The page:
Perceptual narrowing is a developmental process during which the brain uses environmental experiences to shape perceptual abilities. This process improves the perception of things that people experience often and causes them to experience a decline in the ability to perceive some things to which they are not often exposed. This phenomenon is a result of neuroplasticity, including Hebbian learning and synaptic pruning. Through these mechanisms, neural pathways that are more consistently used are strengthened, making them more efficient, while those pathways that are unused become less efficient. This process is most evident during sensitive periods of development. The prevailing theory is that human infants are born with the ability to sense a wide variety of stimuli, and as they age, they begin to selectively narrow these perceptions by categorizing them in a more socio-culturally relevant way. Most of the research in this area focuses on facial discrimination and phoneme distinction in human infants. Perceptual narrowing has also been implicated in synaesthesia.
Most of the research done to date in the area of perceptual narrowing involves facial processing studies conducted with infants. Using a preferential looking procedure in cross racial studies, Caucasian infants were tested on their ability to distinguish two faces from four different racial groups. Facial prompts were presented from their own racial group, as well as, African, Asian, and Middle Eastern. At three months of age, infants were able to show recognition for familiar faces from all racial groups, but by six months, a pattern was beginning to emerge where the infants could only recognize faces from the Caucasian or Chinese groups—groups they had more familiarity with. At nine months, recognition took place only in the own-race group. These cross race studies provide strong evidence that children do start out with cross racial recognition abilities but as they age, they quickly begin to organize the data and select the stimuli that is most familiar to them, typically own-race faces.
Cross species studies have been conducted where human infants at 6 months of age were familiarized with individual monkeys. When the monkey faces were associated with unique proper name labels, the infants maintained their ability to discriminate between them when retested at nine months of age. If the exposure was just to monkey faces in general, without name labels, the infants were unable to discriminate between them when retested at the nine months mark. This research shows that the individuation process helps to shape and maintain discrimination abilities for categories of familiarity, and is instrumental in the recognition of familiar faces later in life. It also highlights the importance of experience in perceptual narrowing.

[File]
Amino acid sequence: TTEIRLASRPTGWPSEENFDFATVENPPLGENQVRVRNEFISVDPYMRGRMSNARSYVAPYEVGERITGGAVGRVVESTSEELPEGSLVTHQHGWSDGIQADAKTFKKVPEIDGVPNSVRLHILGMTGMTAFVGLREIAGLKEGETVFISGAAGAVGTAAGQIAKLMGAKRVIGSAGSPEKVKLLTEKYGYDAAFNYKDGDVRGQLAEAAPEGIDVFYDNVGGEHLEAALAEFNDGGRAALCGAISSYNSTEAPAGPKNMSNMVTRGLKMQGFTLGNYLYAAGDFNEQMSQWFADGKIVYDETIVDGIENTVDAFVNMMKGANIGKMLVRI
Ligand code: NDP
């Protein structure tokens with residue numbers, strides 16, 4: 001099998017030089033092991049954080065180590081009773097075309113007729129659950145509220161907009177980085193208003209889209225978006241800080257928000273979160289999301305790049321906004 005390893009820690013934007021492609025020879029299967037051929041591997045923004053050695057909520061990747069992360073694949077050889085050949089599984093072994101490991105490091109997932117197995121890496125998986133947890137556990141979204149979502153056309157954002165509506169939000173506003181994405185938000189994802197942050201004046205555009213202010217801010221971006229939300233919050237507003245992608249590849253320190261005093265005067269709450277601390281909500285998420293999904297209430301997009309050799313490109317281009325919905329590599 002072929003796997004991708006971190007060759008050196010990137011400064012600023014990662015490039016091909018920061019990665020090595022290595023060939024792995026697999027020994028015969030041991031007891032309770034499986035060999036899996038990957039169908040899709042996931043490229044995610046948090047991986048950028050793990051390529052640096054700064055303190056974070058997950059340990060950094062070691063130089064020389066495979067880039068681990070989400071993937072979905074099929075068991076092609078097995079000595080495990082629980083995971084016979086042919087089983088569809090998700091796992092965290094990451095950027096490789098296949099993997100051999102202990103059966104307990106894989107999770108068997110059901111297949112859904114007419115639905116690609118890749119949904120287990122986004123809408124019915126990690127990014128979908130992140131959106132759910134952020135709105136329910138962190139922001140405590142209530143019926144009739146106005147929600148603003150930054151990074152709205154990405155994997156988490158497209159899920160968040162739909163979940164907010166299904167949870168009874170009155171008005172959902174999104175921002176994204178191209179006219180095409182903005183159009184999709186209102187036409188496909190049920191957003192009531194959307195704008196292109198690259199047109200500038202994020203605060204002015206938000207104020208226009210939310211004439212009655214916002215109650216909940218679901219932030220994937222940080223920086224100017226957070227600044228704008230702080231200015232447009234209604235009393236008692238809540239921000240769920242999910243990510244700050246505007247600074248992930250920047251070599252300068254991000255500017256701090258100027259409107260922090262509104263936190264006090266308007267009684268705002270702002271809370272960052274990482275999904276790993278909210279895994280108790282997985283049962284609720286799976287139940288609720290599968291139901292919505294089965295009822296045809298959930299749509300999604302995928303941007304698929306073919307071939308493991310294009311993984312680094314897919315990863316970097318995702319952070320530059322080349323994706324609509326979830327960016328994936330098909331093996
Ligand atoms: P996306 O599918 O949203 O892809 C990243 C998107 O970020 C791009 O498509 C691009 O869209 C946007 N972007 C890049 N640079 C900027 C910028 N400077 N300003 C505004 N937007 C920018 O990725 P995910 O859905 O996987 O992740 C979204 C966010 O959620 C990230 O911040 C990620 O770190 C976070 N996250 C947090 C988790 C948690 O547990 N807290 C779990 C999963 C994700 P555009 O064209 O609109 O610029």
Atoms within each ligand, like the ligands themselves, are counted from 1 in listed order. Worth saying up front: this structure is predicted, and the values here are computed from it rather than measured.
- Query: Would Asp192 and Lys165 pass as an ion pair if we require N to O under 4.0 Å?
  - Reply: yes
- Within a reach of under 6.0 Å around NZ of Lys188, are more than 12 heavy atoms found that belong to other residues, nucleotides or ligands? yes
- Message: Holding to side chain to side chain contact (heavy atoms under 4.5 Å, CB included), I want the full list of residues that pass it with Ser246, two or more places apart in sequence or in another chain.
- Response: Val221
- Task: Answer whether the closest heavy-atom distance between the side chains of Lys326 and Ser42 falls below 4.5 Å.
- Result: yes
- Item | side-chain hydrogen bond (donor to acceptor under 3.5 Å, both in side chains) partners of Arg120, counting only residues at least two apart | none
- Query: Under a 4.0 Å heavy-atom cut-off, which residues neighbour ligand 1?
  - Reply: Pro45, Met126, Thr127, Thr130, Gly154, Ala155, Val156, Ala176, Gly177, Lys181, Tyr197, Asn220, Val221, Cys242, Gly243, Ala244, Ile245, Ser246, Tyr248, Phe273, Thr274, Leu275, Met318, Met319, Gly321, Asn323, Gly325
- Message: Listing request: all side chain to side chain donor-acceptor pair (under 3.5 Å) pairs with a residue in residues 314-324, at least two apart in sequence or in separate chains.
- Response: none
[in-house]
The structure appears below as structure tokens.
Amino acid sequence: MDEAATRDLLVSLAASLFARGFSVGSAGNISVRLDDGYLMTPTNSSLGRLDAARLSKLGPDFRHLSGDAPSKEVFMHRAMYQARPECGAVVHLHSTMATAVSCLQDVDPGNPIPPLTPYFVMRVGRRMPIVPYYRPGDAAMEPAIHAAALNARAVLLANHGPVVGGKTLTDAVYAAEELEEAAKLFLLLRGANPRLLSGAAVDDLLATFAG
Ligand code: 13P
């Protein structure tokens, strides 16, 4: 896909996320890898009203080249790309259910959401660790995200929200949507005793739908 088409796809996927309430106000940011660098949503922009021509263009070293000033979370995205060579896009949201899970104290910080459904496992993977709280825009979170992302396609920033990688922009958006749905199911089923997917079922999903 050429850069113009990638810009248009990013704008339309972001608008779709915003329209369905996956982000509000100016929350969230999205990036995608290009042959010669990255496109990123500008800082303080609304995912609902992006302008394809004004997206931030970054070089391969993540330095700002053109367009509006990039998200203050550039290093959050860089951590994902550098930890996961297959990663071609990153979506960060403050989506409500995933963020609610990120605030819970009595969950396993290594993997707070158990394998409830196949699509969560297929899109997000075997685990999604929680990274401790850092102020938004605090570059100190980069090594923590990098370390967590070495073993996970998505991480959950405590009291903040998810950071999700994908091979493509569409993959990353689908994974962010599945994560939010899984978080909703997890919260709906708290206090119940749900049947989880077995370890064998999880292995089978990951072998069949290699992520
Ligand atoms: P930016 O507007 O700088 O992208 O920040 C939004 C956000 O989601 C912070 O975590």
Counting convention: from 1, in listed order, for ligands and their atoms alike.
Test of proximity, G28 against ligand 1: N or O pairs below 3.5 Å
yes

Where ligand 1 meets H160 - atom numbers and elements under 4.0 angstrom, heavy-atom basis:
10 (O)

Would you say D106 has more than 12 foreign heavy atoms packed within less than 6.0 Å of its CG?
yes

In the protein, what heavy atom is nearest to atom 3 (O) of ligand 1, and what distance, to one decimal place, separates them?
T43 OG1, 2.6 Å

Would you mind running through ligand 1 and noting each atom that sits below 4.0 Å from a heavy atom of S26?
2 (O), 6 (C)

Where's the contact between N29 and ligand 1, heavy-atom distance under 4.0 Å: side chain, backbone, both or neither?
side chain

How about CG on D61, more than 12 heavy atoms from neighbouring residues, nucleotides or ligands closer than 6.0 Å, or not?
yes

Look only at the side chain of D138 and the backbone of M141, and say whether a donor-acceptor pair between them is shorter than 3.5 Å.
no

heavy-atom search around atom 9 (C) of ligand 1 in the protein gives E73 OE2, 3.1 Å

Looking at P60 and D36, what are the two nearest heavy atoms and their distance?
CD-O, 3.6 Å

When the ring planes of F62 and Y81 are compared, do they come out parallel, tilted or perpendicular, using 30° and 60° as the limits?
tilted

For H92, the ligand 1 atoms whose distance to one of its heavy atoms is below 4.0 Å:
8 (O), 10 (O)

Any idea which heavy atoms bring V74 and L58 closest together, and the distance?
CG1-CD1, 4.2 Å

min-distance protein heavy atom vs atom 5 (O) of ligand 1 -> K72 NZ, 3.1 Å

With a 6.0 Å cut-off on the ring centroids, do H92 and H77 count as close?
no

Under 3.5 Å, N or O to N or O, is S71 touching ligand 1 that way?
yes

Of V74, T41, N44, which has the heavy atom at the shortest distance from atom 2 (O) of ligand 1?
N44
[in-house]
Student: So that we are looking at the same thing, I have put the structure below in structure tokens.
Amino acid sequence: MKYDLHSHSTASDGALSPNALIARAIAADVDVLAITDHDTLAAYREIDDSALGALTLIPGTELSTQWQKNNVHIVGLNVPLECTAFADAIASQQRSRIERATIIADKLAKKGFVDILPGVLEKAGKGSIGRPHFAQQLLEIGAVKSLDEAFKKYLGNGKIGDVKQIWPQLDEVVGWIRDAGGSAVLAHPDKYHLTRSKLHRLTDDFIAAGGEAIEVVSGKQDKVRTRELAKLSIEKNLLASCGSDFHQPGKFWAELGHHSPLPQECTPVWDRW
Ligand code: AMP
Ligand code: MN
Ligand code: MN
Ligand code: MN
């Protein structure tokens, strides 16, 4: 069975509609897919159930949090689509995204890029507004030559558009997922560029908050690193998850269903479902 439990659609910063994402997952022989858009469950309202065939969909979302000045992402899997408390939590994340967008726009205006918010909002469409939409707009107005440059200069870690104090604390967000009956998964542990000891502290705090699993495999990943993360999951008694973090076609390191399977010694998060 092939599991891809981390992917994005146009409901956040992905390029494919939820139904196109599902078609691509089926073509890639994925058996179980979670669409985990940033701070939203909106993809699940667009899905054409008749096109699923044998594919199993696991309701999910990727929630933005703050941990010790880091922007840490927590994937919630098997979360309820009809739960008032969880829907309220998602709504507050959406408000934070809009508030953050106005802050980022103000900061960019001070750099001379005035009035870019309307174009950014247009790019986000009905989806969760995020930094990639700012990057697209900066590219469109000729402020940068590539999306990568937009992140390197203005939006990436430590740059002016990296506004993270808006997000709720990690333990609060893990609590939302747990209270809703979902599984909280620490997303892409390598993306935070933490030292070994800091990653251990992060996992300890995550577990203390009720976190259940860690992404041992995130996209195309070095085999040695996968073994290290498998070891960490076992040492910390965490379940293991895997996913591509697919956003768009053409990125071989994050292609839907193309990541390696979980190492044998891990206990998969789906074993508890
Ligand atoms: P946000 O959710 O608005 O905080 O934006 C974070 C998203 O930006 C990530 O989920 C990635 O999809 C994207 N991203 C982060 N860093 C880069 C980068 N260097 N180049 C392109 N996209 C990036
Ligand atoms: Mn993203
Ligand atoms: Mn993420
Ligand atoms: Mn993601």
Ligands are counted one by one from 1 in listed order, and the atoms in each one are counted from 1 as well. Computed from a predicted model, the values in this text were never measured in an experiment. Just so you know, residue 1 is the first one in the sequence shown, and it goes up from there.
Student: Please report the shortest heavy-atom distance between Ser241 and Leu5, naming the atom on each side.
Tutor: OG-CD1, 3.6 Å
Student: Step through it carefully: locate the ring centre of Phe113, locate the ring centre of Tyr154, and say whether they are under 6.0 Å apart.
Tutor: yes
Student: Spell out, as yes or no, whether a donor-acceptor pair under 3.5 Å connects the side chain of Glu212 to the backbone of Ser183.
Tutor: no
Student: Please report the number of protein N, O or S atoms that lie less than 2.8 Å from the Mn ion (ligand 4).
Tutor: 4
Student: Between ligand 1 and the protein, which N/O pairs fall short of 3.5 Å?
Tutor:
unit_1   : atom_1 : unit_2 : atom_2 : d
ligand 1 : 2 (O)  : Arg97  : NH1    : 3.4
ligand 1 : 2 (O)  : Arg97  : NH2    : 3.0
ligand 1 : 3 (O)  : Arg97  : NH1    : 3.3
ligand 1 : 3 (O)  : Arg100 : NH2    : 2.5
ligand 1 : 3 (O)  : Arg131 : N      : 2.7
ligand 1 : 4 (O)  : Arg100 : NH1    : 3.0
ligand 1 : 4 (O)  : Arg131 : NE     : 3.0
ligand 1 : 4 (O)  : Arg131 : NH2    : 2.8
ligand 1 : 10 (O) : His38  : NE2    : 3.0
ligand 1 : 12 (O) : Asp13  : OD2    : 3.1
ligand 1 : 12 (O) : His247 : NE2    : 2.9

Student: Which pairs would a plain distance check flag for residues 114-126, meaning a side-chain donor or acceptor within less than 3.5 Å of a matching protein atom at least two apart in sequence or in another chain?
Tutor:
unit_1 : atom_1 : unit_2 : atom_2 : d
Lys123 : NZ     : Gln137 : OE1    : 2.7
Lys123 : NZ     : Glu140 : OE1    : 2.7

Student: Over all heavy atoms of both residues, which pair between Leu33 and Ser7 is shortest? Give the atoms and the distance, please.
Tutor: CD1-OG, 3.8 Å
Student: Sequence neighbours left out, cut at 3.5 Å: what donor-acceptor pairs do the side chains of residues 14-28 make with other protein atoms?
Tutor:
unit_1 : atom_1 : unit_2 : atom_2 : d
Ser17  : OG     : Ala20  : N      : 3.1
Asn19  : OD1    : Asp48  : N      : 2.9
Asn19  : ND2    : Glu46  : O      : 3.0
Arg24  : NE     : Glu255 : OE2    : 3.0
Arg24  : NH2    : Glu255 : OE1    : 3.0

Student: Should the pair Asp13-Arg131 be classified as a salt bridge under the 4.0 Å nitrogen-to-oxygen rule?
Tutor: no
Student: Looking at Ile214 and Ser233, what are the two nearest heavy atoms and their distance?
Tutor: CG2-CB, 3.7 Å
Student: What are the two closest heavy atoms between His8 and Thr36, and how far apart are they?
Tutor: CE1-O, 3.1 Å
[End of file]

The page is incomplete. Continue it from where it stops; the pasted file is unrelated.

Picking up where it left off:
Infants showed similar results to non-primate species such as cats and dogs at the ages of three to four months of age, however without the confirmation of whether or not the ability to discriminate decreases as development occurs after nine months.
At birth, infants have broad abilities to detect similarities and differences among languages. The phonemes of different languages sound distinct to infants less than six months of age, but as the infant grows and their brain develops, they become less able to distinguish phonemes of nonnative languages and more responsive to their native language. This is presumably due to infants experiencing their native language often, while not getting much experience with non-native languages. Research suggests that this perceptual narrowing phenomenon occurs within the first year of life. Infants aged 6–8 months have a greater ability to distinguish between nonnative sounds in comparison to infants who are 8–10 months of age. Near the end of 12 months, infants are beginning to understand and produce speech in their native language, and by the end of the first year of life infants detect these phonemic distinctions at low levels that are similar to that of adults.
Brain plasticity is responsible for this "tuning" of infants' perceptual ability. While plasticity is evident throughout the human lifespan, it occurs most often at younger ages, during sensitive periods of development. This is a function of synaptic pruning, a mechanism of plasticity where the overall number of neurons and neural pathways are reduced, leaving only the most commonly used—and most efficient—neural pathways. These pathways are also more myelinated which increases the speeds at which processing occurs. Evidence suggests that perceptual narrowing, especially phoneme distinction, is heavily reliant on infants' social interaction with the adults in their environment; this is referred to as the "social gating hypothesis". The Social Gating Hypothesis suggests that social interaction creates an optimal learning environment for infants, an environment that introduces learning through social context. Social Gating might function in a number of ways; for example, by increasing infants' attention or arousal, increasing infants' sense of relationship, and by strengthening an infant's link between perception and action.
Synaesthesia is a condition in which the stimulation of one sense evokes an additional stimulation in another sense, such as a tone (auditory stimulation) evoking the experience of color or shapes (visual stimulation). Some research suggests that infants universally have this experience due to the greater number of functional synaptic connections across sensory domains compared to adults, and that over the course of normal development this experience dissipates through the process of perceptual narrowing. There is evidence that a failure in the perceptual narrowing process can, in rare cases, lead to adult synaethesia.
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